This month’s homelearning revolved around food and nutrition, and I also took the opportunity to teach my kids two simple skills: using a knife and frying an egg.
We had some serious (oxymoronic) fun, yes.
First, a tour of the kitchen to learn simple vocabulary for egg frying: STOVE, PAN, OIL, EGGS, WOK SPATULA, WHISK.
Then to get acquainted with all the sharp objects in the drawers so they know to handle them with care whenever we need to use them: (from right to left) PEELER, GRATER, KITCHEN SCISSORS, PARING KNIFE, UTILITY KNIFE, COOK’S KNIFE, CHOPPER (hidden in picture)
Then, it’s tofu cutting time since we were going to be having tofu soup that evening anyway. Ben used the utility knife while Becks held the paring knife. I got them to gently touch the blade to understand the concept of “sharp” and had them dice the tofu with their knives.
Next, three eggs out from the fridge for each kid, and cracked into a bowl. Because it was their first, I held their hands to crack it with them. Got them to whisk, then had them pour a little oil, feel for heat about 5cm above the pan and pour in the egg. Then they scrambled them, served some to their father and savoured the remainder.
On another occasion, we chopped up celery, potatoes and carrots for our vegetable soup. This time round the kids understood that unlike cutting the tofu which was soft and easy, they had to hold on to the vegetables and watch their fingers while they exerted pressure with the knife. I gave the littlest a steak knife and had the helper watch him while I made sure the older two didn’t slice their fingers.
After we were done, we threw everything in water to boil with chicken bones for soup!
I later asked the kids if they liked what they did – and they were very proud to have helped made a part of our dinner that night. What they shared with me made me realise that I’ve got to gradually learn to empower these kids to pick up age-appropriate skills so they can experience a sense of accomplishment.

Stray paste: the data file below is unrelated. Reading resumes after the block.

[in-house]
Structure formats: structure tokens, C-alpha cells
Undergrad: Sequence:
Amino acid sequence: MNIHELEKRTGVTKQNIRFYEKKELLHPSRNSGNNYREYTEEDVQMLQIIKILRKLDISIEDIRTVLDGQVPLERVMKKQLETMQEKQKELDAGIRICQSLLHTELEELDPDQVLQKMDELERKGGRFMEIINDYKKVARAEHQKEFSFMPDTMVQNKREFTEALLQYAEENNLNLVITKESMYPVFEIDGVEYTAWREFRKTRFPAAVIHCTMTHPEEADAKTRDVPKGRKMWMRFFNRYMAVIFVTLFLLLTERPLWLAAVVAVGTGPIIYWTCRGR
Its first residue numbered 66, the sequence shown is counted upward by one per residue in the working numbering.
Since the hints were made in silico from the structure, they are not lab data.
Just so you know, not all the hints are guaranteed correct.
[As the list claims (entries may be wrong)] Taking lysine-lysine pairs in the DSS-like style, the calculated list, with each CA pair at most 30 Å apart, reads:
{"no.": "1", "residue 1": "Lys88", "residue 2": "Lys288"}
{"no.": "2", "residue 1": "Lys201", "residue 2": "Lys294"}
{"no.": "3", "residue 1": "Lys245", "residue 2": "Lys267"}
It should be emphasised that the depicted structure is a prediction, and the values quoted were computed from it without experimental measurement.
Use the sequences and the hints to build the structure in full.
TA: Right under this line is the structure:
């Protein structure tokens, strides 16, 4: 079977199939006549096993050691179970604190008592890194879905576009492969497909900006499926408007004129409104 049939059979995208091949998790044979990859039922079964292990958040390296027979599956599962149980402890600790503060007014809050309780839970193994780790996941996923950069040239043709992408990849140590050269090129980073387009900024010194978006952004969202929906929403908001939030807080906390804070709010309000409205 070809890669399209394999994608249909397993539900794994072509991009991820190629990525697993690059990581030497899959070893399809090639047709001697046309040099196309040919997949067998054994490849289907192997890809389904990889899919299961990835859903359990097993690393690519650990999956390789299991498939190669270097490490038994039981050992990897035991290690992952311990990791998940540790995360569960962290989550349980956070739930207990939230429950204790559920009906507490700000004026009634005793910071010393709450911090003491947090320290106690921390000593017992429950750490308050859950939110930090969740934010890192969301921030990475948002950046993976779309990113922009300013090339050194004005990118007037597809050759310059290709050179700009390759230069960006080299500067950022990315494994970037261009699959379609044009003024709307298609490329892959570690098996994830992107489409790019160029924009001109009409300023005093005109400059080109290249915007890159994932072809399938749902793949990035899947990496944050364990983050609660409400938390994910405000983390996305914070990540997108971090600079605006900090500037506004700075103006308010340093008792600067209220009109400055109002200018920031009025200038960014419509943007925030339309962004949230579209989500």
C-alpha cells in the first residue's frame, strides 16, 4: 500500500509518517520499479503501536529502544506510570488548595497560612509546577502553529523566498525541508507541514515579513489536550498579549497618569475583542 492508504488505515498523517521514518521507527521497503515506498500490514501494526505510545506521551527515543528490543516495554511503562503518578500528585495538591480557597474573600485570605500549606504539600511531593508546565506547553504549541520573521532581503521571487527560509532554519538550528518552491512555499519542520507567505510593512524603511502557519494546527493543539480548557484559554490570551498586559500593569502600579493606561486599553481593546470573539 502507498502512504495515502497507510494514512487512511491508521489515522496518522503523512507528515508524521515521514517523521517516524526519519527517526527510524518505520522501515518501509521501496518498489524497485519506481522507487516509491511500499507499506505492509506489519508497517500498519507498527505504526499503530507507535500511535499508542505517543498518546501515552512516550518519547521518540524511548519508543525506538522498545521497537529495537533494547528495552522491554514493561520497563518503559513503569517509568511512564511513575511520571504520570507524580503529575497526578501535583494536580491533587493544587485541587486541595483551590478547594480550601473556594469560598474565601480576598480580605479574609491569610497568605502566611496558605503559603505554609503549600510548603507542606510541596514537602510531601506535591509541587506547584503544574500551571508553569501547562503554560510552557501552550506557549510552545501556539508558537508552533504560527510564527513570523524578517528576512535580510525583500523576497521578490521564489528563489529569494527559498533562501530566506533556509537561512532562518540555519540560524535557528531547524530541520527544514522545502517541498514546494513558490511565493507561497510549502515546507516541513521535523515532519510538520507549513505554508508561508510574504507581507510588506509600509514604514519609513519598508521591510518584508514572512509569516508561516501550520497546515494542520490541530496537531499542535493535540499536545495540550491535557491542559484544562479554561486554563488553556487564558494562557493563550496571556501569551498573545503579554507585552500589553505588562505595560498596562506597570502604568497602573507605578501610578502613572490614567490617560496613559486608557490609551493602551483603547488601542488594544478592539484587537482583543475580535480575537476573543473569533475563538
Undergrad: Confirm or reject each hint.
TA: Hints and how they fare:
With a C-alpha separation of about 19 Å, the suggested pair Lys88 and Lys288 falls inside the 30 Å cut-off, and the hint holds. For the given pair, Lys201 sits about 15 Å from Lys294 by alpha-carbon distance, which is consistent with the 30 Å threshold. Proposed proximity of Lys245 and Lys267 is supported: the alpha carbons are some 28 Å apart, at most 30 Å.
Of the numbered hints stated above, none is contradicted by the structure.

I followed up with getting the kids to learn the words CUT, SLICE, KNIFE and VEGETABLES. Ben could easily form three sentences with these helping words, like “I cut with a knife.” / “I slice with a knife.” / “I cut vegetables.” I also got the kids to recount their experience by drawing what they did and then put their drawings up on the gallery so they can tell ‘stories’ to their dad when he returned home.
We also read some books we borrowed from the library to learn the importance of nutrients for our bodies and our growth. These two books scored with the kids, cos’ we got to sing two very funny songs while learning about good food and our taste buds!
Here’s sharing how to sing the two songs with you:
Song 1 – To the tune of Farmer in the Dell“What makes bones grow? What makes teeth grow? Milk and yogurt, cream and cheese, Calcium makes them grow. What makes blood strong? What makes muscles strong? Fish and spinach, nuts and eggs, Protein makes them strong. Why can we move well? Why can we breathe well? Wheat and rice, oats and corn, Carbohydrates keep us well. We know what to eat, We know what to eat. Fruits, vegetables, bread and meat Now let’s go and eat!” ***
Song 2 – To the tune of Twinkle Twinkle Little Star“Your tongue tells you what tastes sweet Honey, jam, an ice cream treat Watermelon, peaches, too Fresh fruit is so good for you Your tongue tells a lot, it’s true Salty, bitter, nasty, too. Your tongue tells you what tastes sour Vinegar on cauliflower Grapefruit, limes and sour cream Citrus-flavoured jellybeans Your tongue tells a lot, it’s true You have taste buds, lucky you.” ***
We followed up the taste buds-song with a fun activity of observing our taste buds in the mirror and adding little bumps to a giant tongue – on paper, that is. I wrote the words SALTY, SWEET, SOUR, BITTER and TONGUE so that the kids can repeat the vocabulary that describes taste as they drew on the giant tongue.
It’s been a tastily fun month, and I am looking forward to enlisting these little troopers in the kitchen whenever I need help!